Chronic Disease Patients' Top Online Privacy Worries

Medical data privacy isn't as much of a worry as online banking data privacy for these patients, Accenture study finds.

David F Carr, Editor, InformationWeek Government/Healthcare

May 7, 2014

2 Min Read

By a narrow majority, 51% of consumers with a chronic disease say the benefit of online access to their medical records outweighs any security and privacy risk. And while many remain worried, they are actually less worried about healthcare data than about their online shopping and banking transactions, according to an Accenture survey.

The difference in attitudes is interesting but "a lot less different than you would think," says Kaveh Safavi, a physician and attorney who leads Accenture's global health business and is also a periodic contributor to InformationWeek Healthcare. This data comes from Accenture's Patient Engagement Survey, which included more than 2,000 participants in the United States.

While conceding that a 51% majority is not an overwhelming vote of confidence, Safavi said it is encouraging, taken in context. Despite consumer concerns about the privacy of healthcare data, "if you rank ordered them, their concern is a lot less than with the tradeoffs they are already making for online banking and financial services."

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Chronic disease patients are slightly less concerned about the privacy of their electronic medical records (65%) than they are about other personal information that is stored digitally, such as online banking (70%), in-store credit card use (69%), and online shopping (68%), according to the survey.

Those who are more seriously ill tend to be less concerned about any perceived privacy risk. For example, 57% of those with cancer thought the benefit of access to their data outweighed the risk, compared with 48% of asthma and arthritis sufferers.

Only 30% of chronically ill people report having accessed their health information online, but that's compared with 24% of healthy people. The biggest barrier to online patient engagement still seems to be education and awareness. Of the chronically ill who had not accessed their records, 55% said it was because they didn't know how. Another 17% said they trusted that their medical records were accurate and saw no need to access them online.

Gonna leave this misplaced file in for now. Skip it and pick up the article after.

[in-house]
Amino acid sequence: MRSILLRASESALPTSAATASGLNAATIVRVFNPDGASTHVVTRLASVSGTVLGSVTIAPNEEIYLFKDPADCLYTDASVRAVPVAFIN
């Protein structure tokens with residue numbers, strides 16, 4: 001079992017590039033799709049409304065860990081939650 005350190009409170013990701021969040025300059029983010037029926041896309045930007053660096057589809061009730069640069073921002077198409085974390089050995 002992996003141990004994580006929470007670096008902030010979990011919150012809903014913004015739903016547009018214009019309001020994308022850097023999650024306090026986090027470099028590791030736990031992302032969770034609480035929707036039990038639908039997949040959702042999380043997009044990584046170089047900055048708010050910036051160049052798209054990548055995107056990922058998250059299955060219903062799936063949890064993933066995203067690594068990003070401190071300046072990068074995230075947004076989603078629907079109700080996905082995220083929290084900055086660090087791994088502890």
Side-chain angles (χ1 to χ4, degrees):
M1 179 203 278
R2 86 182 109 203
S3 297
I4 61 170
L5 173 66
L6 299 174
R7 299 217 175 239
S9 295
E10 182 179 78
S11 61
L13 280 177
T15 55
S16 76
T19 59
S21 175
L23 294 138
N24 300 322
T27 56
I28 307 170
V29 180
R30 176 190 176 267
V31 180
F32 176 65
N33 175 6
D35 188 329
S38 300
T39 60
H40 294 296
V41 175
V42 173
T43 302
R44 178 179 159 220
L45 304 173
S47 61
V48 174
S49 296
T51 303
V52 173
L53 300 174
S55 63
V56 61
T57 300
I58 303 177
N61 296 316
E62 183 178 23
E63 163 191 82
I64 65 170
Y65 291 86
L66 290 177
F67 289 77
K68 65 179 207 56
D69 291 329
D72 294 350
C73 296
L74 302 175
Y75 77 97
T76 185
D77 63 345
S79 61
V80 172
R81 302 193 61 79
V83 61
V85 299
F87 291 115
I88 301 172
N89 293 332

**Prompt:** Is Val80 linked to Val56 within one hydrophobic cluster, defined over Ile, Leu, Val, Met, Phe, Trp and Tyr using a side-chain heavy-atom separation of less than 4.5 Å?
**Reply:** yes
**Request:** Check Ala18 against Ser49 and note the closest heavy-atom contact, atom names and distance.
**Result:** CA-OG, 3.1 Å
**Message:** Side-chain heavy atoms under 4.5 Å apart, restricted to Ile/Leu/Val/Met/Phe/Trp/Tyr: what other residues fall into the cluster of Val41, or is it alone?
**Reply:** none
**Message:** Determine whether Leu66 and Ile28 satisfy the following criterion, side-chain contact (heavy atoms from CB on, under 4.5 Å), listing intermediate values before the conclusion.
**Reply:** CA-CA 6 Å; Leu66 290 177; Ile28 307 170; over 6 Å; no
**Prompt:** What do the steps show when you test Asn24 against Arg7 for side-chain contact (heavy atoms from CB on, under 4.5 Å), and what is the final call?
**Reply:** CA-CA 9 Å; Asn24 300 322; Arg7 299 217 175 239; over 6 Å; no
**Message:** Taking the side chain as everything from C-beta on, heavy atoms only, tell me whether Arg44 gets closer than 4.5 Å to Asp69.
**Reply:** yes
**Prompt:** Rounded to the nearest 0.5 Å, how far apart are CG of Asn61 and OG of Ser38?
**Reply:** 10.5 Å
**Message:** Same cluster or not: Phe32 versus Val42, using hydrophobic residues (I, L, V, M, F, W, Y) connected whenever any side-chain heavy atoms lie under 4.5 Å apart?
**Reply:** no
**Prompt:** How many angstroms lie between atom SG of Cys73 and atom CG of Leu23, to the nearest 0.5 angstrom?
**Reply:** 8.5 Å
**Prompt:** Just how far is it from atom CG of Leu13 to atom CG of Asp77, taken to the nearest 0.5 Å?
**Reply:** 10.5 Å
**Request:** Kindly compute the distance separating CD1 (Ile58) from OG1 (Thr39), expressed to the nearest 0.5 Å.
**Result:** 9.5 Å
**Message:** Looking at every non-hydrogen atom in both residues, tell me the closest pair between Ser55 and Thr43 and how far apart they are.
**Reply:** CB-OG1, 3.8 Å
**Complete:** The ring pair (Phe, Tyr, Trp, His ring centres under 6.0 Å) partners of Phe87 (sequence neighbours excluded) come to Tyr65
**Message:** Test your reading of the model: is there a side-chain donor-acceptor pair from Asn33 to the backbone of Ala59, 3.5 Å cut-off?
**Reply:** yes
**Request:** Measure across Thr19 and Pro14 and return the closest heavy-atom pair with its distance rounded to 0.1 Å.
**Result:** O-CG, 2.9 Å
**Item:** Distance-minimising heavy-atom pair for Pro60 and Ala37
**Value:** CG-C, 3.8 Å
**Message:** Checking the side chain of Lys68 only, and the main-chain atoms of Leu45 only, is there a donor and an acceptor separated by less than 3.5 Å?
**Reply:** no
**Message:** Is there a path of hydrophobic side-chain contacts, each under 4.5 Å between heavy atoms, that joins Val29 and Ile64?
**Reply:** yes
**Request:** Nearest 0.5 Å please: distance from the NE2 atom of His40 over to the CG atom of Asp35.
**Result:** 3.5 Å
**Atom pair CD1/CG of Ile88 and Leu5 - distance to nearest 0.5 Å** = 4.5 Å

Many patients are also making these judgments without ever having experienced the benefits promised by electronic medical records, holding out hope for healthcare organizations that figure out how to deliver on those promises. "As the value of the transactions goes up, people's willingness to engage will increase," Safavi said.

About the Author(s)

David F Carr

Editor, InformationWeek Government/Healthcare

David F. Carr oversees InformationWeek's coverage of government and healthcare IT. He previously led coverage of social business and education technologies and continues to contribute in those areas. He is the editor of Social Collaboration for Dummies (Wiley, Oct. 2013) and was the social business track chair for UBM's E2 conference in 2012 and 2013. He is a frequent speaker and panel moderator at industry events. David is a former Technology Editor of Baseline Magazine and Internet World magazine and has freelanced for publications including CIO Magazine, CIO Insight, and Defense Systems. He has also worked as a web consultant and is the author of several WordPress plugins, including Facebook Tab Manager and RSVPMaker. David works from a home office in Coral Springs, Florida. Contact him at [email protected]and follow him at @davidfcarr.

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